By Cagdas Ozcan
Walgreen (WAG) is the biggest drugstore chain operating more than 8,000 mostly freestanding stores in all 50 U.S. states, the District of Columbia, and Puerto Rico. Prescription drugs account for about two-thirds of sales; the rest comes from general merchandise, over-the-counter medications, cosmetics and groceries. Most Walgreen stores offer drive-through pharmacies and one-hour photo processing. In a strategic shift, Walgreen has become increasingly acquisitive. Having blanketed the U.S. with its drugstores, ubiquitous Walgreen is now looking to Europe and fill-in acquisitions at home for growth.
Walgreen has increased its dividend payments for 37 consecutive years. In June last year, the company raised its dividend payments by 22.20%. Currently, the stock offers annual dividend of $1.10 per share, yielding 2.60%. The payout ratio of the company based on free cash flows is very low at about 30%. The low payout ratio allows the company to manage and grow its dividend payments easily. Over the past 12 months, Walgreen paid $845 in cash dividends and generated $2.7 billion in free cash flows. In this article, I analyze the free cash flows and debt of the company in order to gauge the dividend stability of the company.
Free Cash Flows
Free Cash Flows
Depreciation and other noncash charges
Funds from Operations (FFO)
change in noncash current assets
change in noncash current liabilities
Operating Cash flows
Free Operating Cash Flow
Source: SEC Filings
Over the past three years, the company has experienced some volatility in its net income. Especially in 2011 the net income went up substantially. The same pattern is evident in funds from operations of the company. However, cash flows from operations were at the lowest level in 2011 over the evaluation period. Capital expenditure is a substantial expense for the company, and over the past three years, capital expenditure has remained between $1 and $1.5 billion. At the end of 2010, the firm spent $1.014 billion in capital expenditures; however, by the end of 2012 the capital expenditures for Walgreen had gone up to $1.55 billion.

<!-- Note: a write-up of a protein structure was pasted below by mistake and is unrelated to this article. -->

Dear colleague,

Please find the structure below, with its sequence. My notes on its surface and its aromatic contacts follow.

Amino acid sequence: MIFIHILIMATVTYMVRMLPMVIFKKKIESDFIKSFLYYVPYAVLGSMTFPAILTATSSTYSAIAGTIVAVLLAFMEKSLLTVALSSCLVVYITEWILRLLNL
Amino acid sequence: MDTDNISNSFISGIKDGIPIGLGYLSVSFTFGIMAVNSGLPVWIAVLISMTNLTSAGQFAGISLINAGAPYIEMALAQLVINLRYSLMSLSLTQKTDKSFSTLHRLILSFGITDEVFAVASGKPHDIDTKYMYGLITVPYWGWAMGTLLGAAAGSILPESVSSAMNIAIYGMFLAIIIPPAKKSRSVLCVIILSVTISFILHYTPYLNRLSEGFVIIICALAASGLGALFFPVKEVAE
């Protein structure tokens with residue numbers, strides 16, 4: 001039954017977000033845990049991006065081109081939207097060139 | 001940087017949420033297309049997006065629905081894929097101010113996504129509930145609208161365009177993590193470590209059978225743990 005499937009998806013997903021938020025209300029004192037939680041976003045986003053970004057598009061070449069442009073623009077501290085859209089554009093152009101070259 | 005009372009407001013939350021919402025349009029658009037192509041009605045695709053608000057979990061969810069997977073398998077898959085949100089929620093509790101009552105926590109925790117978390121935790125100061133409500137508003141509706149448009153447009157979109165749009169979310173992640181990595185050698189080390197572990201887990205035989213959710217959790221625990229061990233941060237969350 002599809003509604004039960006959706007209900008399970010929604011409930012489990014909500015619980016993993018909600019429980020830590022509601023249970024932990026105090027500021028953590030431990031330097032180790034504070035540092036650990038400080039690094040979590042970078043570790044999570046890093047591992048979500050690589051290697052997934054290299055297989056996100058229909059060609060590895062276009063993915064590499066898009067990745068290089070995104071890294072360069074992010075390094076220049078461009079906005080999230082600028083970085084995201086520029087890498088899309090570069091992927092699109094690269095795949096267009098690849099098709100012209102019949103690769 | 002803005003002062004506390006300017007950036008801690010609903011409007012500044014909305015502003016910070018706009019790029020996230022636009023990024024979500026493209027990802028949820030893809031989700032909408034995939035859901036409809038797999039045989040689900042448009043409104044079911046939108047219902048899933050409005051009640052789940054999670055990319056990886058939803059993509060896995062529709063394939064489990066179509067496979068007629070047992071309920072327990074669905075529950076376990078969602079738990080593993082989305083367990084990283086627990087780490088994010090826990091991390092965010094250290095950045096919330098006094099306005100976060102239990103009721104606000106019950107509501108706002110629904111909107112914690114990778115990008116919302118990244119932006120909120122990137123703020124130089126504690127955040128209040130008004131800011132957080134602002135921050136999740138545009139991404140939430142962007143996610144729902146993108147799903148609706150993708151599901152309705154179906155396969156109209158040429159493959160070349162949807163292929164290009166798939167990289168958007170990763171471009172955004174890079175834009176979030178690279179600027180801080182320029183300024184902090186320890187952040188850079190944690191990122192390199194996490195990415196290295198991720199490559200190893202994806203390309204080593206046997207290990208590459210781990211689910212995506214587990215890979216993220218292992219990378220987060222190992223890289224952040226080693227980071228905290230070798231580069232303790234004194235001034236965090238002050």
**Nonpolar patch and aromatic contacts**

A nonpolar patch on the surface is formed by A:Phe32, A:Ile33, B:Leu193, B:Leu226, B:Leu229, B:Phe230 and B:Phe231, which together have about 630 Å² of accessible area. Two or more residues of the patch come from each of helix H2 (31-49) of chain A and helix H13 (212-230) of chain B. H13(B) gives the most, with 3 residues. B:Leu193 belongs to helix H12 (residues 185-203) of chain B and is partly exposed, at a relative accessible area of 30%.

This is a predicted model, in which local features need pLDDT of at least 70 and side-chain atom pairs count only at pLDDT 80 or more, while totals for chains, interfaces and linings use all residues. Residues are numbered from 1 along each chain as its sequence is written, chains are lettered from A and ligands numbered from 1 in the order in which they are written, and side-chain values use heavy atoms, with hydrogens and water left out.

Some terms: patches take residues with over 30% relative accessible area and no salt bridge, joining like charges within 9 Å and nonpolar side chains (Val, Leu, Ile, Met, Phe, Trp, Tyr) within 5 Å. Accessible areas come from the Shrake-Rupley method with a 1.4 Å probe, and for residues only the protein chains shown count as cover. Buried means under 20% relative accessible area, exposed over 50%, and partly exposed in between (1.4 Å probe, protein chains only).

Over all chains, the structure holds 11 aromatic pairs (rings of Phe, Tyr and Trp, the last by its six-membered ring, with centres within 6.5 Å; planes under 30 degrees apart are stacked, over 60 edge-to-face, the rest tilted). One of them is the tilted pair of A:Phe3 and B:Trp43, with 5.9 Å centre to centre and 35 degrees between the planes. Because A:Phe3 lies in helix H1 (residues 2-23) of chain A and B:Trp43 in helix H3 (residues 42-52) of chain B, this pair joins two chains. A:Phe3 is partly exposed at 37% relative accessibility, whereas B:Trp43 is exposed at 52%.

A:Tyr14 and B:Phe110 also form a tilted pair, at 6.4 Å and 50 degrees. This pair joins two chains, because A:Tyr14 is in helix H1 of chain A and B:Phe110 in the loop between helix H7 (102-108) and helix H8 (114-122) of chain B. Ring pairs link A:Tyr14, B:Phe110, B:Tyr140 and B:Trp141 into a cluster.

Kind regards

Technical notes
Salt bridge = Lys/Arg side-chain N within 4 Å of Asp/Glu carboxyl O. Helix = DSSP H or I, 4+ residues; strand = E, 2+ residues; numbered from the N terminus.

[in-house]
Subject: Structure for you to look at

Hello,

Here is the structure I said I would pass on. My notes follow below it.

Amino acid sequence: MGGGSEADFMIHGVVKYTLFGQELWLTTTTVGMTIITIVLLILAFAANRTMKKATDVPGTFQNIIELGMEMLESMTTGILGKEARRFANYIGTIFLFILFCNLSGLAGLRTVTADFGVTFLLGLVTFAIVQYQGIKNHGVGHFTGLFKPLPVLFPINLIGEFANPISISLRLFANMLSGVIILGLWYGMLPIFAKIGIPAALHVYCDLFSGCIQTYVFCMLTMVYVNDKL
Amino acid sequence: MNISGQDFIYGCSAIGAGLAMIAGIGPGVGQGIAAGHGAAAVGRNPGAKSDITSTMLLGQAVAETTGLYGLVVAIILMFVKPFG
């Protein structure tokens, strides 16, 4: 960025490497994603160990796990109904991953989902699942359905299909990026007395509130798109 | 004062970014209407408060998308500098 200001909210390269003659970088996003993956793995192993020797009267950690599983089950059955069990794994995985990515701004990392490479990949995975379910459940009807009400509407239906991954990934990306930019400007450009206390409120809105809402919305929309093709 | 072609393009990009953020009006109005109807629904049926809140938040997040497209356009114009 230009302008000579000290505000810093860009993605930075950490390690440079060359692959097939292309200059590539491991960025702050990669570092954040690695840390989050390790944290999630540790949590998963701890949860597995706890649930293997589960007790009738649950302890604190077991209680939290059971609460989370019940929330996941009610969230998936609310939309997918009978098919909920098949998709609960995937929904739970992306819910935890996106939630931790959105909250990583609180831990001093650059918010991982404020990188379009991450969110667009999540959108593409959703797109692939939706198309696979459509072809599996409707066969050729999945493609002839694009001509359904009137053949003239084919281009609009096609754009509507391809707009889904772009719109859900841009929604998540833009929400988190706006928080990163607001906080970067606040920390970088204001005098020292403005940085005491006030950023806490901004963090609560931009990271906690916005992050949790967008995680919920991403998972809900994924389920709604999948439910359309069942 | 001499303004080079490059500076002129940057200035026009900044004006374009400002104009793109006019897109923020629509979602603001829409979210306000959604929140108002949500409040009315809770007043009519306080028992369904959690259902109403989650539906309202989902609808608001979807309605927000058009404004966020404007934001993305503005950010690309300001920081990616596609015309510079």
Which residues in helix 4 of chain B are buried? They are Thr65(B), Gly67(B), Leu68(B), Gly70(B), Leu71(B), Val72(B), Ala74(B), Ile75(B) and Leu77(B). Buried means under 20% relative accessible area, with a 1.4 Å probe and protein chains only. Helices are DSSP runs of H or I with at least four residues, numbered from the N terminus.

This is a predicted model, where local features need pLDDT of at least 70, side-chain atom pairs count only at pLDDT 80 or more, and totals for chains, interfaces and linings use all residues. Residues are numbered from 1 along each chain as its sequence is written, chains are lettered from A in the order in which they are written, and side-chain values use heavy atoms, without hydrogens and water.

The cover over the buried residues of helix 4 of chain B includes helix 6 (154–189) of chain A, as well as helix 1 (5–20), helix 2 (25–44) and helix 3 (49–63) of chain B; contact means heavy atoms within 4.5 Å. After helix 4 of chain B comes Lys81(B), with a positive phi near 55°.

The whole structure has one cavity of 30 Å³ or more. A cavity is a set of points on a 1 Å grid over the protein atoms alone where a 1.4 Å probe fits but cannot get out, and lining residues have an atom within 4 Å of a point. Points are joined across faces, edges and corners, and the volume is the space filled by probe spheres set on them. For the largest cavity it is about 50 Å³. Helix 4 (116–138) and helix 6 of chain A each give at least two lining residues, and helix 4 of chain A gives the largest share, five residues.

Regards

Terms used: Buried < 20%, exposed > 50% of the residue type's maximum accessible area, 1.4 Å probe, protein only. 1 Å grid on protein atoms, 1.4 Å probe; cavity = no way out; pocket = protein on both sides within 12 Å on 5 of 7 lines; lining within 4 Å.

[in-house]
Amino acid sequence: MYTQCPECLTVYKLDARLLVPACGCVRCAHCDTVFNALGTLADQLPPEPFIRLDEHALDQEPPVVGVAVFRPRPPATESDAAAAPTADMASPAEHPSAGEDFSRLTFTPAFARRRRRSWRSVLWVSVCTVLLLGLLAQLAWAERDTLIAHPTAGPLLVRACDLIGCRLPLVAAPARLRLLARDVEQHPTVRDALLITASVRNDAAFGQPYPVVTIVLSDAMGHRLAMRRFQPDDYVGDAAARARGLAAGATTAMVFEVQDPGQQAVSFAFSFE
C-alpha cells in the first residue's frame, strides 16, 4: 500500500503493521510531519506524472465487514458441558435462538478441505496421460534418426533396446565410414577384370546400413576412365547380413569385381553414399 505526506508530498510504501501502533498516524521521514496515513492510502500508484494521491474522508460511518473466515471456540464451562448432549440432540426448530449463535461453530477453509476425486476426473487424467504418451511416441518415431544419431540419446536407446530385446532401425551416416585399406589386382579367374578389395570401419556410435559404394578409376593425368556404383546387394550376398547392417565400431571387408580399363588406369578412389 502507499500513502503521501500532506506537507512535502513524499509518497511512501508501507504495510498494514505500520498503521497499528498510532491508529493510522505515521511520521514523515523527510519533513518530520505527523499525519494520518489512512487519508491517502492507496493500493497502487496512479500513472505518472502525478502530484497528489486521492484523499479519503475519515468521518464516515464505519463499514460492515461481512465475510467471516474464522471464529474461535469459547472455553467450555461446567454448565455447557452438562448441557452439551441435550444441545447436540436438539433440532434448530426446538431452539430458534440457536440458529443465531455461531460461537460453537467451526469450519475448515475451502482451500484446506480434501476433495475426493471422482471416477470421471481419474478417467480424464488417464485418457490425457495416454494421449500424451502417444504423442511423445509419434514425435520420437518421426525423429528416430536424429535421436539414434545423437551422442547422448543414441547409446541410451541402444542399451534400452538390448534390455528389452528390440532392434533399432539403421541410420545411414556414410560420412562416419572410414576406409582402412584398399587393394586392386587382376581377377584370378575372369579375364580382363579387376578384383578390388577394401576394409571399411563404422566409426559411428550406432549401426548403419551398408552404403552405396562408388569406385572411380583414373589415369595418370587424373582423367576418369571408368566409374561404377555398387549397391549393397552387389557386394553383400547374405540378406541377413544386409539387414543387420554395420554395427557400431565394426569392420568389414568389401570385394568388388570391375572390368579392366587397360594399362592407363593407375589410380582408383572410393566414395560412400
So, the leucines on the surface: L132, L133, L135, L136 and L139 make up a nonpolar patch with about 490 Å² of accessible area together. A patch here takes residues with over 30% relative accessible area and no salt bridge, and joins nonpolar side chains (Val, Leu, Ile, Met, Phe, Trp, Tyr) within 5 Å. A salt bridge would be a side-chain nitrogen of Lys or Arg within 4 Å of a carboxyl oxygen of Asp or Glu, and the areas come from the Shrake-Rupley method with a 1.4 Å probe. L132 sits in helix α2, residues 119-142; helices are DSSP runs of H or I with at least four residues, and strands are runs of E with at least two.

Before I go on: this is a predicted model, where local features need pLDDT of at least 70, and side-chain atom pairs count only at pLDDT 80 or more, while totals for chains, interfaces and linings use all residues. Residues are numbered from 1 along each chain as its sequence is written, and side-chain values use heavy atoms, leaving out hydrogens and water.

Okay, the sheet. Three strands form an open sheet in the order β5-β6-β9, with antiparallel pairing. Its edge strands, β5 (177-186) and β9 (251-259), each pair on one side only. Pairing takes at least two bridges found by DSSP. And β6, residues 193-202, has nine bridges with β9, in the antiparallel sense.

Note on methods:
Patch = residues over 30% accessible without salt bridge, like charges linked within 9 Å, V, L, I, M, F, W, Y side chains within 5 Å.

The company generates healthy free cash flows, which has improved over the past three years. At the end of 2010, the company reported $2.7 billion in free cash flows, which went up to $2.88 billion by the end of 2012.
Funds from Operations(FFO)/Total Debt
FFO/Capital spending requirements
Free Operating Cash Flow + interest expense/ Interest expense
Debt Service coverage
For my analysis, I have used four ratios. The first ratio indicates that the debt of the company is adequately covered with the FFO. The ratio has shown a mixed trend over the past four years. FFO to total debt ratio was the highest in 2011; however, its current level (0.81) is adequate to cover its long-term debt. The second metric indicates that capital expenditures of the firm are easily covered with the FFO of the company. Capital expenditures are a big expense for the company, and the ratio indicates that it should not have any trouble meeting its capital spending requirements.
The last two metrics in the table indicate that the firm is able to meet its interest and debt payments sufficiently. Interest coverage is extremely strong for the company, and it should not face any trouble paying its interest obligations. Furthermore, debt service coverage is also covered with cash flows. Debt service coverage for the past 12 months has come down due to an increase in the short-term debt. Overall, the solvency position of the company is solid.
I have analyzed quite a few companies using my free cash flow model, and Walgreen comes out with some of the best results. The company has substantial room in free cash flows to grow dividends in the future. Furthermore, the debt of the company is comfortably covered with the funds from operations. I believe Walgreen is one of the best dividend payers in the market, and it has the ability to grow its dividends in the future. Walgreen should be a solid addition to any income portfolio.